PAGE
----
One of the biggest complaints in the business world is about time spent
in meetings. And, indeed, that is the issue. Time is often spent rather than
invested, because meetings are poorly conducted. The outputs are inadequate
in relation to the time and effort involved. But meetings are not inherently
bad. They are one of the best ways to make quality decisions and get buy-in
from people when they are conducted well.
Here are some hints to help you in your meeting management. They are not
rocket science, but surprisingly few people follow them well. Be the role
model in your workplace on how to do this well!
Basic Meeting Management Hints
- Use the correct brainstorming techniques (list below) every time you
are gathering input on an issue. This requires discipline and focus by the
facilitator and the group. Be tenacious!
- Start and end your meetings on time. Starting late encourages habitual
late-comers to continue that behavior and discourages those who come on
time. Finishing late creates conflicts with other priorities and encourages
bad feelings about meetings in general.
- Remember -- It is every participant's responsibility to make the meeting
productive and enjoyable. The entire group is in this together and responsible
for the results and outputs regardless of their individual jobs.
- Keep the group focused on what is best overall for the organization
you are working on, whether company, division or other, not what's best
only for them or their own part of the organization.
- Hold information pieces not needed for current process until the end
of the meeting so that people are not distracted and reading them while
the rest of the meeting is on.
- Make a separate follow-up list of any "hot" or urgent items that come
up that are not part of this discussion, but do need follow-up. Agree on
by whom and by when those will be addressed. Don’t let these become discussion
side trips that derail what the meeting is intended for. Create a “parking
lot” list for these to be handled later.
- At the beginning of any session where all participants do not know each
other, the facilitator should have each person introduce themselves and
what they do briefly.
- Active enthusiasm and high energy from the facilitator helps to move
the process along.
- At appropriate intervals, acknowledge together the positive results
that the group has accomplished so far.
- Monitor group fatigue levels, including your own, and stop if people
get so tired they can't function, even if some things have to be finished
later. Plan for reasonable food and rest breaks, with no longer than two
hour stretches without some break.
Guidelines for Brainstorming
- Identify the specific topic under discussion. Write issue (one only)
under discussion at top of clean flip chart page at beginning of that discussion.
- Request all possible ideas, as many and as rapidly as possible from
everybody. Record all of the ideas generated exactly as offered, making
no judgments and allowing none by the group at this point and with no discussion.
Remember, no idea is too crazy in the initial jotting down phase. A kernel
of genius often exists in apparently wild or impractical ideas. Emphasize
thinking outside current practices and models.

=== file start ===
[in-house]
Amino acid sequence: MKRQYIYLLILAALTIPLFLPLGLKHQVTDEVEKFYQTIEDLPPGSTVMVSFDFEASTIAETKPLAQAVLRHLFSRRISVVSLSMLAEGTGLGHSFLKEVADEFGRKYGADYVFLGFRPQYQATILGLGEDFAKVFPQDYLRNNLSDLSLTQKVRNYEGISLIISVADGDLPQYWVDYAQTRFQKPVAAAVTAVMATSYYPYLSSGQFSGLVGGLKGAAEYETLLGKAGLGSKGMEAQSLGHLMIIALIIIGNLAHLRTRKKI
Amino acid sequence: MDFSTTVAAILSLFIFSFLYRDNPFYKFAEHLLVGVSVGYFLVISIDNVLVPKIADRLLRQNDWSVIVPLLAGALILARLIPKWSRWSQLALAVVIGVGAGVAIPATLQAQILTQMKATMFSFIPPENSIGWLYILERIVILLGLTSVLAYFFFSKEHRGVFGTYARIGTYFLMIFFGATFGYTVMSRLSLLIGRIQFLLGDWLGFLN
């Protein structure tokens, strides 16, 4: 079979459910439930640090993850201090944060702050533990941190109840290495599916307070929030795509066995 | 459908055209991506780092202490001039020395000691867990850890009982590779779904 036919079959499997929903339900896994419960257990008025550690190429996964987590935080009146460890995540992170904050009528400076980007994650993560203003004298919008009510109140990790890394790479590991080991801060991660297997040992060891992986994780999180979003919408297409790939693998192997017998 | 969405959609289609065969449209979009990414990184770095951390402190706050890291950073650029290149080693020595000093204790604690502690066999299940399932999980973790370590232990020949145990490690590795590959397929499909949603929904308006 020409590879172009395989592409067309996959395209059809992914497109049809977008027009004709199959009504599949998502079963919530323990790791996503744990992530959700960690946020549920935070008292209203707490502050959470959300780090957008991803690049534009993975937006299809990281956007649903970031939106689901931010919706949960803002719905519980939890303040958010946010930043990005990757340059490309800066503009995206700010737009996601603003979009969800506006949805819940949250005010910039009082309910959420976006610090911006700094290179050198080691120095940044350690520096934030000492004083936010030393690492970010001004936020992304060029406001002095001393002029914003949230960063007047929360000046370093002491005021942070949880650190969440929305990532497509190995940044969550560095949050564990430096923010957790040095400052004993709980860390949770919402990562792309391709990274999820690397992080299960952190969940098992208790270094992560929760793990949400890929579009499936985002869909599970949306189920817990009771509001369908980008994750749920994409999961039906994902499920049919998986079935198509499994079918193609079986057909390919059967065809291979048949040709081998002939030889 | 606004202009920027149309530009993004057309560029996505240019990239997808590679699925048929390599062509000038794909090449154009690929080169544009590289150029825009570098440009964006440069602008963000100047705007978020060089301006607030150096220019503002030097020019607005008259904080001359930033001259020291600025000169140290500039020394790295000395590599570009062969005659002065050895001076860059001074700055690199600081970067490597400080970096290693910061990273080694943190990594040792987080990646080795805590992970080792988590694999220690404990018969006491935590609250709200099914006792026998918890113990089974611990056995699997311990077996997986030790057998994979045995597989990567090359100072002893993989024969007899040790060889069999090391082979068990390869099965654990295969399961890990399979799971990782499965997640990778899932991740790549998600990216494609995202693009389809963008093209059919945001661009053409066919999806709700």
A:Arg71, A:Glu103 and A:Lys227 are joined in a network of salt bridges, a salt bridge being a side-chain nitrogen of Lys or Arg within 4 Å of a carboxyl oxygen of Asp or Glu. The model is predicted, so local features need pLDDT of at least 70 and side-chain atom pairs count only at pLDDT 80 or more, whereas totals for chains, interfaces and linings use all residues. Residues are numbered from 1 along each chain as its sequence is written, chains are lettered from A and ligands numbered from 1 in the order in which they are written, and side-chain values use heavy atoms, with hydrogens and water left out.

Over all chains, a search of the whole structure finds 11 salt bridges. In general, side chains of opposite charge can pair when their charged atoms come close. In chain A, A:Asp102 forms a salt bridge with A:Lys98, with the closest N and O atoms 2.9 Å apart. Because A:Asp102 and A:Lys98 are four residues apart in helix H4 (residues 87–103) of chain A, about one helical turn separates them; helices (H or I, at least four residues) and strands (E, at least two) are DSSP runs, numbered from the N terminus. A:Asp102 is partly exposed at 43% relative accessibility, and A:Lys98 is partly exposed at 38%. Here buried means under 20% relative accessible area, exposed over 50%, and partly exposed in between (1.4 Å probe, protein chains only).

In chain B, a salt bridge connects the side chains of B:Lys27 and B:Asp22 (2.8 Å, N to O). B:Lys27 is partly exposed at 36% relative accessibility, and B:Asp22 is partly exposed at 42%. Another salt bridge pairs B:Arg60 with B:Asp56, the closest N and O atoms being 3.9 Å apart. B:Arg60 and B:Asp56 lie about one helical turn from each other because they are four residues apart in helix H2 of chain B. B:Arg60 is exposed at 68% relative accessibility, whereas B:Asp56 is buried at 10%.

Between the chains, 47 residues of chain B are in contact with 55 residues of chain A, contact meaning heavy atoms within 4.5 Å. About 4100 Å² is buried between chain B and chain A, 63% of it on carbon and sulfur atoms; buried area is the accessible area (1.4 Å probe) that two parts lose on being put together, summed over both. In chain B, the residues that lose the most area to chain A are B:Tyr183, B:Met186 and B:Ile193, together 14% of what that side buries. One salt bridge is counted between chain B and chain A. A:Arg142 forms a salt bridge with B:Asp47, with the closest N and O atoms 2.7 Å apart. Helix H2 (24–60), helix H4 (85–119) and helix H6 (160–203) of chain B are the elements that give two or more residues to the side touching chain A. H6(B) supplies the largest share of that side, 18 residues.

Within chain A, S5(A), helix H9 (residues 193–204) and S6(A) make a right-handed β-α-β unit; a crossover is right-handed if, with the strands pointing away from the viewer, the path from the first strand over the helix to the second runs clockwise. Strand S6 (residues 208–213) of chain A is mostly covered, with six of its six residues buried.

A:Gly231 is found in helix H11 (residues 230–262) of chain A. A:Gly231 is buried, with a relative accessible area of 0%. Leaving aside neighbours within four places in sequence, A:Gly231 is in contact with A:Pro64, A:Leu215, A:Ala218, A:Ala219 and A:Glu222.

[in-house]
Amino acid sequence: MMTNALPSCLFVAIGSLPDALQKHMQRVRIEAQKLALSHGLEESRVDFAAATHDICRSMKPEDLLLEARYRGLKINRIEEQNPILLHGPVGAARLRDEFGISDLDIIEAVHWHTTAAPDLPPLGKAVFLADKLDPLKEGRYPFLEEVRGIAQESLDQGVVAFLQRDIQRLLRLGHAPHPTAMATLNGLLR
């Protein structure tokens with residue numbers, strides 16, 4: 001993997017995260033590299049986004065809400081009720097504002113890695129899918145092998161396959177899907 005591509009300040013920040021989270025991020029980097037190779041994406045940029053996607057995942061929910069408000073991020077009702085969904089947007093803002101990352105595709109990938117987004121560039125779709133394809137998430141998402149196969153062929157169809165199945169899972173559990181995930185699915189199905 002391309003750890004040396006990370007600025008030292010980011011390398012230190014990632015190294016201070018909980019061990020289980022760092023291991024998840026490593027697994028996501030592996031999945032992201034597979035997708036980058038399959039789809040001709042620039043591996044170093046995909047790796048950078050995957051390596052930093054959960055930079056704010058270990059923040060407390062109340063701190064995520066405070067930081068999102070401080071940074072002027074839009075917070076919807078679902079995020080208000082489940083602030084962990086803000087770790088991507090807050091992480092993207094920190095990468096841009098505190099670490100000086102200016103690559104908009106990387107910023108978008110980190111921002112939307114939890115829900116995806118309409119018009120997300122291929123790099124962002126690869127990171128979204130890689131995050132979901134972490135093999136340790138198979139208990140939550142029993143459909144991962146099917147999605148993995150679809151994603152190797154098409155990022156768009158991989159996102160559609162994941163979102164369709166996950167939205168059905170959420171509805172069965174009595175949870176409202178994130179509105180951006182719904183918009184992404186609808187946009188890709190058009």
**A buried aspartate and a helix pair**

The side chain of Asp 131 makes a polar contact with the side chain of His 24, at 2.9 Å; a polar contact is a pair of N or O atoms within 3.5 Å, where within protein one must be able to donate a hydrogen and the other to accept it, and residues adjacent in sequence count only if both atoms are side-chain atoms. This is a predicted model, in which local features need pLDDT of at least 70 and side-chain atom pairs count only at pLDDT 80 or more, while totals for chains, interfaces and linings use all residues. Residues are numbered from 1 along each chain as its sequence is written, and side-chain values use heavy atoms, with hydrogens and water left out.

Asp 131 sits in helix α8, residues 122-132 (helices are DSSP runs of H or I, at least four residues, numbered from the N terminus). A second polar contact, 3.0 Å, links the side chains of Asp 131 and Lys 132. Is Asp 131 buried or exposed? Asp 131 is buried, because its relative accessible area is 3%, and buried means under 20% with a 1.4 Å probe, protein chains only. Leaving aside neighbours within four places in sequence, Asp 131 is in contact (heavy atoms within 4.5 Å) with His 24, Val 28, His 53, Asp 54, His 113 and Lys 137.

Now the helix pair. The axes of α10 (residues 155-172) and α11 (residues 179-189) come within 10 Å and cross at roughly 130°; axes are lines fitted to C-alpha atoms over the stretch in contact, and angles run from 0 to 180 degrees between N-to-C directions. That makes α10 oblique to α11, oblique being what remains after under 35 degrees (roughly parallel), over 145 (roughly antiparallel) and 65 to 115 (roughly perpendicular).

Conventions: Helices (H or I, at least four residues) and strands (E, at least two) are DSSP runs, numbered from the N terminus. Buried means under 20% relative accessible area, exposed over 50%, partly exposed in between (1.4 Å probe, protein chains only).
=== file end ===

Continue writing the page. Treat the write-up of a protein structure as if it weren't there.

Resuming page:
- After you get all ideas for a single issue on flip chart sheets (or
as you fill up each sheet), post in sequence along one wall where everyone
can read (so write large enough) as material for the discussion.
- Now discuss the ideas looking for combinations of whole or partial ideas
to get the best answer or solution. Definition of Synergy: 1+1=3 or the
whole is greater than mere sum of the parts. Open discussion is a must with
all opinions valued and a consensus decision of the highest quality is the
- When you get consensus on an issue, write the issue name on a separate
flip chart sheet along with the group’s conclusion about it and post separate
from the original brainstorm sheets, which may be taken down at this point.
It is helpful to pick one wall in your meeting room as the place where you
post in sequence the final conclusions.
When you are the formal leader/manager of a group and
the facilitator of the meeting:
- If you as a manager are facilitating a meeting wherein you are asking
for input on an issue, you should take care to request all input from the
group before offering your own on any given subject, with the exception
of any opening statements or information needed to create the context for
the discussion. Only offer your input first when it is necessary to get
a discussion going because no one else will speak up. Be patient and wait
out the silences for a bit before you jump in.
- Actively solicit input from all group members. Be sure all inputs and
opinions are acknowledged and given a fair hearing even if they are not
yours or the majority of the group.
- Remember, when someone in authority offers an answer, the tendency of
groups is to consciously or unconsciously shut down their own thinking processes.
The job of the manager/facilitator here is to achieve the highest level
of participation, which, in turn, produces both commitment and better quality
Marie Kane is President of Executive Evolution. Since 1981 Marie has provided
executive consulting and coaching services to help clients develop and implement
the right strategy, leverage the company's human talent, and create optimal
culture and communication. Her services include leadership, executive, management
and team development, strategic and operational planning, employee selection,
retention and development, change management, conflict resolution and a variety
of profiles and assessments, including 360’s. She is the author of the TEAMS
assessment and creator of “The Leaders Way - Discovering the Inner Art
of Leadership” program. You can reach Marie at 770-461-3820 or Marie@ExecutiveEvolution.com.
Visit http://www.executiveevolution.com/ for additional insight.